What is it? Hors-d’oeuvre
The inspiration for this came from a crab custard dish that Rick Stein cooked for the Japanese ambassador about six years ago. I wanted to create a wobbly custard in a porcelain pot, rather like a similar dish I once made at my last restaurant, Kensington Place.
The custard is made using fresh eggs yolks, cream, milk, and 18-month matured Parmesan cheese, baked until set and sprinkled with an extra topping of cheese. A mixture of Sicilian anchovies and butter is spread between two pieces of thinly-sliced bread, which is then toasted and cut into fingers to make miniature anchovy butter sandwiches. These are served with the custard to create a double whammy of salt and savoury flavours – the reason for the dish’s success.
It’s so popular that we’ve never considered taking it off the menu – it’s something of a signature dish, and is available all year round.
300ml single cream
100g finely grated Parmesan
4 egg yolks
Salt, pepper, cayenne
12 anchovy fillets
50g unsalted butter
8 very thin slices of pain de Champagne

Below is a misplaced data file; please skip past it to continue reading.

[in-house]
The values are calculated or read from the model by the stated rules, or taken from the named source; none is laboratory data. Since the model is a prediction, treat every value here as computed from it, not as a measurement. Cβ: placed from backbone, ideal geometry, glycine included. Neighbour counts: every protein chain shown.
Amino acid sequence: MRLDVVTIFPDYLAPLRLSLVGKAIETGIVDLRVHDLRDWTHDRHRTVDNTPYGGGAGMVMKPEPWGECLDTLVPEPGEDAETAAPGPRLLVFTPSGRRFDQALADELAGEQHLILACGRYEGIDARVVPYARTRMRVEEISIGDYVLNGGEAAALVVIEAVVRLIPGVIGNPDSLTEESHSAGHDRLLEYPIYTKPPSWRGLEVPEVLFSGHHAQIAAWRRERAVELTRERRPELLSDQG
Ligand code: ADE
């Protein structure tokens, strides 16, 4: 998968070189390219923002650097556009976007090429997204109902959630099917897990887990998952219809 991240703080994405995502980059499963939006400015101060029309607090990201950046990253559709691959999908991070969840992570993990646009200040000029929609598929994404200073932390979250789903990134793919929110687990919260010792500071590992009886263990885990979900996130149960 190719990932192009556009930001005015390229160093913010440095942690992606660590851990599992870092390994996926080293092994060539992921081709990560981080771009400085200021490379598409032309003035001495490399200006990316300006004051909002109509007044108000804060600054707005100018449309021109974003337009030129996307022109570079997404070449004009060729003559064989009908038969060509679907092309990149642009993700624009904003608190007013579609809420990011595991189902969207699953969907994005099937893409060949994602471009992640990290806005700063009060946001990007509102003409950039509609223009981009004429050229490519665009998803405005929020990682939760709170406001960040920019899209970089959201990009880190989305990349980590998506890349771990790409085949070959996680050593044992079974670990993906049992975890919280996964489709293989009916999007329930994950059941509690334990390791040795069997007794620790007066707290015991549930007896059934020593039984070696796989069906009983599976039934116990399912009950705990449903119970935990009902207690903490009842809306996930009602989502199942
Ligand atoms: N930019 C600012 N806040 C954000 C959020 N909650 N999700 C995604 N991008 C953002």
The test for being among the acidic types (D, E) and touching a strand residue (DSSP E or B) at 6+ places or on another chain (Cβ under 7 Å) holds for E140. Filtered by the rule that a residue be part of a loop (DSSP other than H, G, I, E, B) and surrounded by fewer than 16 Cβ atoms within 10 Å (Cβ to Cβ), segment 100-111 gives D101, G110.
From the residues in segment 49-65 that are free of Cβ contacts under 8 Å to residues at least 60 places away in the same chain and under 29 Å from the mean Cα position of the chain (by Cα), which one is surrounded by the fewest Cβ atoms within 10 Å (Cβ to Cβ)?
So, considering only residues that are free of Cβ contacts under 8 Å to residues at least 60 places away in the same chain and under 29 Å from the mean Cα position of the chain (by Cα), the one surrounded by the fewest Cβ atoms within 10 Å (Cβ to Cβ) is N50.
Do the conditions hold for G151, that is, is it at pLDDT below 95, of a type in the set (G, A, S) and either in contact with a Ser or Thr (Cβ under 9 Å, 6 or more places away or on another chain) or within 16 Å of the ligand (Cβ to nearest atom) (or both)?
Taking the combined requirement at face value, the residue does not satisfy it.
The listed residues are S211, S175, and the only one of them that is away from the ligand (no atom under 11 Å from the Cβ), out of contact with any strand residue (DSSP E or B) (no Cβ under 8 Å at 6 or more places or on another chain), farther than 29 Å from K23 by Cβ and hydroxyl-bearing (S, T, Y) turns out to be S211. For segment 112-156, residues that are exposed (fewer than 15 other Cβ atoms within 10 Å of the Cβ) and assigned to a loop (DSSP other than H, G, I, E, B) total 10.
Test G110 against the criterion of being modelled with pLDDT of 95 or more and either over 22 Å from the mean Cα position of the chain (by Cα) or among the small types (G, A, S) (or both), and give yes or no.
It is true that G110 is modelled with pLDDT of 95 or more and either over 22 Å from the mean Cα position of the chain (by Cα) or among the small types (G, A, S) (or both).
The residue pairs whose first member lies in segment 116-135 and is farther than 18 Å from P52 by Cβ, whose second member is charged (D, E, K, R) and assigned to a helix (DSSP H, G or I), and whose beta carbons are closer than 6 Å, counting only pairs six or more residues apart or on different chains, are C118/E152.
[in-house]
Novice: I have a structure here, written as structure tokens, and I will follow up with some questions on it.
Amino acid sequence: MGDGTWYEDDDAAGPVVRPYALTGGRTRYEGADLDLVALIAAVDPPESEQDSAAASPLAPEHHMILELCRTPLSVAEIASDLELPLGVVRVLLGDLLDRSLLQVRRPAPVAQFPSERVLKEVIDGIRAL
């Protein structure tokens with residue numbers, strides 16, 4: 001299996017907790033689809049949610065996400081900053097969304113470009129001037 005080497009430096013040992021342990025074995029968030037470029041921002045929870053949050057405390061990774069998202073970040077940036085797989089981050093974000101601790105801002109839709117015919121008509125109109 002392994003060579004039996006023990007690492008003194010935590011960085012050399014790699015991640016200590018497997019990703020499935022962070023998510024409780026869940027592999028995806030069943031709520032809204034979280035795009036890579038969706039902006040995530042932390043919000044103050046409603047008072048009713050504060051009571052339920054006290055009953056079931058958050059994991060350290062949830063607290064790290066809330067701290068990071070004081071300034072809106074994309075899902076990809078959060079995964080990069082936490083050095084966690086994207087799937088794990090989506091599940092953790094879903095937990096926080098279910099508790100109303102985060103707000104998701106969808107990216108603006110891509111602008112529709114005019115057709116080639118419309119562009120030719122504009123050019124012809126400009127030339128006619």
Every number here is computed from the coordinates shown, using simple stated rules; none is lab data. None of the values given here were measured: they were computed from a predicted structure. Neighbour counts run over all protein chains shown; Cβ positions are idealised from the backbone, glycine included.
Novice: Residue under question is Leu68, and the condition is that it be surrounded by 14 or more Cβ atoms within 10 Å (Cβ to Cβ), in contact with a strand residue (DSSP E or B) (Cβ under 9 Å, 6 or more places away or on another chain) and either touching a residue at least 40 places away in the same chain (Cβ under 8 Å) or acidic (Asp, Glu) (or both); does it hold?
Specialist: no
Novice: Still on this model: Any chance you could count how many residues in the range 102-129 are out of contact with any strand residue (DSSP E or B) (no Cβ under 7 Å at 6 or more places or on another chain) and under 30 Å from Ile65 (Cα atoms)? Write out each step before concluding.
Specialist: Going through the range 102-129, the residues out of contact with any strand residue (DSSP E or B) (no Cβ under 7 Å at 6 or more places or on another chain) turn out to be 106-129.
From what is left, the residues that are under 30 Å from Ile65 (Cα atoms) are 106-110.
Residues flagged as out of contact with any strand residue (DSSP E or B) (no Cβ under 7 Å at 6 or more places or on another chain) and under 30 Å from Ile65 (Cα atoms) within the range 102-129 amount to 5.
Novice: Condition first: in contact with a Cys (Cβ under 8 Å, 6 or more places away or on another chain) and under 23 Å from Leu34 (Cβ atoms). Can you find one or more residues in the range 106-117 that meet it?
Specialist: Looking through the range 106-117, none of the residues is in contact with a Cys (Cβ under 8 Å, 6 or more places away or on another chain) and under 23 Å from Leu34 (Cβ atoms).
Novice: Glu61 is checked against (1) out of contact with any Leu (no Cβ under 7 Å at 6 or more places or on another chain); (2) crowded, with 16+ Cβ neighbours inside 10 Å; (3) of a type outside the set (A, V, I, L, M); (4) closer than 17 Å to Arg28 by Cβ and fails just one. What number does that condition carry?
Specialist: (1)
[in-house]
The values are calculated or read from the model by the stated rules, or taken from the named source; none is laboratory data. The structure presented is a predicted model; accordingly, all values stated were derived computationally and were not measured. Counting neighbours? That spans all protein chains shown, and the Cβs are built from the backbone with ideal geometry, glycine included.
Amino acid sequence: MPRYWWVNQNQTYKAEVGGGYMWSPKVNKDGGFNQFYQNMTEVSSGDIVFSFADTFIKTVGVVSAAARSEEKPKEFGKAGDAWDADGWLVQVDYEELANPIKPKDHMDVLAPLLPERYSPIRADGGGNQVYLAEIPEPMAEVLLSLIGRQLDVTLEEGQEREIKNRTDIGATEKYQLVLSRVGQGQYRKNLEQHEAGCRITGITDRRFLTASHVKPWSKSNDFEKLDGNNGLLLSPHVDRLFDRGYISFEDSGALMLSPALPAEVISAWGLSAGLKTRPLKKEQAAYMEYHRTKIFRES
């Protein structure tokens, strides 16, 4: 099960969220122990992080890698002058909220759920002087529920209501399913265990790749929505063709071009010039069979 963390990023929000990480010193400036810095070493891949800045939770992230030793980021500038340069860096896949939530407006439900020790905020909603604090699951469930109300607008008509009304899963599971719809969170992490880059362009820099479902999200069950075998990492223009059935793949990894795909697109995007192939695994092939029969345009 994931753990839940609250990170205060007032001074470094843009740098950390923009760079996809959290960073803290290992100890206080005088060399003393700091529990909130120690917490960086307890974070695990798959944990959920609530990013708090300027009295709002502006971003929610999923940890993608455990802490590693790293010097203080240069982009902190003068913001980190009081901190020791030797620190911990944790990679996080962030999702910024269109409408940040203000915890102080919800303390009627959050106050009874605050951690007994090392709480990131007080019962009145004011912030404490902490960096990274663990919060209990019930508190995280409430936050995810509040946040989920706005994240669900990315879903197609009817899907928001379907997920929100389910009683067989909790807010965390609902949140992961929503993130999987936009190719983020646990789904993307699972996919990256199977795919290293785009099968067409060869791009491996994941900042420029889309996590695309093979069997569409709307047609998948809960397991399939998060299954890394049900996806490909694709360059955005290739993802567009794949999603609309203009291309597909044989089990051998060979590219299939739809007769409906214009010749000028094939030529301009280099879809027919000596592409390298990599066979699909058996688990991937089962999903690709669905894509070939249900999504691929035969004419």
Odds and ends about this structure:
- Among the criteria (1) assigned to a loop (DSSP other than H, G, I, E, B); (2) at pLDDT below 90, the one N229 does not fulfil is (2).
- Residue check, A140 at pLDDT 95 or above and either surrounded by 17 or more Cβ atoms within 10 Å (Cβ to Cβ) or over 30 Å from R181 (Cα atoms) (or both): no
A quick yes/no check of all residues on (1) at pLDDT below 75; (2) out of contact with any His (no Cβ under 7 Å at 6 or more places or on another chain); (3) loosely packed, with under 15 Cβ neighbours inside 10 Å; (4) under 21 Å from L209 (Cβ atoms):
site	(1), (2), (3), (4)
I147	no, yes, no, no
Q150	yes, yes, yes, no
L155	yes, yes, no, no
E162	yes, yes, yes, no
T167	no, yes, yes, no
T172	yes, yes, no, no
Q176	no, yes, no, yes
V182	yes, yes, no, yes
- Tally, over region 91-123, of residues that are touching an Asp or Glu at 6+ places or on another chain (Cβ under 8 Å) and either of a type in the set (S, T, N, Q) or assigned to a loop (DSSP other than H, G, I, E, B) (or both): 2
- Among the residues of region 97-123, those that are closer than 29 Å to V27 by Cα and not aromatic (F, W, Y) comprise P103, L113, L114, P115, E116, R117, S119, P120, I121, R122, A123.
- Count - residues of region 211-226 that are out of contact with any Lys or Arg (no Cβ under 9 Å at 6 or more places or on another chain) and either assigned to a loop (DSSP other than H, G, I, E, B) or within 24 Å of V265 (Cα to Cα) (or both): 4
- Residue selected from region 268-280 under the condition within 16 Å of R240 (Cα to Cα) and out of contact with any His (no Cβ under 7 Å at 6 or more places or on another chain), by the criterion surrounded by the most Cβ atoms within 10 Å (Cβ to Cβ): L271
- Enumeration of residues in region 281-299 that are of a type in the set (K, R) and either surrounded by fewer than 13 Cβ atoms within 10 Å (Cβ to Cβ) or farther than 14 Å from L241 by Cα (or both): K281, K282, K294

Mix the cream, milk and all but a tablespoon of the cheese in a bowl and warm gently over a pan of boiling water until the cheese has melted. Allow to cool completely before whisking in the egg yolks, salt, finely milled white pepper and a little cayenne.
Lightly butter 8 x 80ml china moulds and pour in the mixture. Put the moulds in a pan of boiling water, cover with buttered paper and bake in the oven at 150e_SDgrC for 15 minutes or until the mixture has just set.
Mash the anchovies and butter to a smooth paste and spread over four of the slices of bread. Cover with the remaining bread and toast in a sandwich maker or panini machine. Sprinkle the remaining Parmesan over the warm custard and brown gently under a hot grill. Cut the toasted anchovy sandwiches into little fingers and serve alongside the custard.
Rowley Leigh, chef-patron, Le Café Anglais, London
With this dish I would go for a very classic wine, something that with age begins to take on flavours that can be similar to mature cheese, which has a lactic creamy character. So I would choose a Chablis that was at least five years old – a 2006 or a 2007. This would still have enough crisp acidity to match the salty anchovy flavour as well.
Ronan Sayburn, director of wine and spirits, Hotel du Vin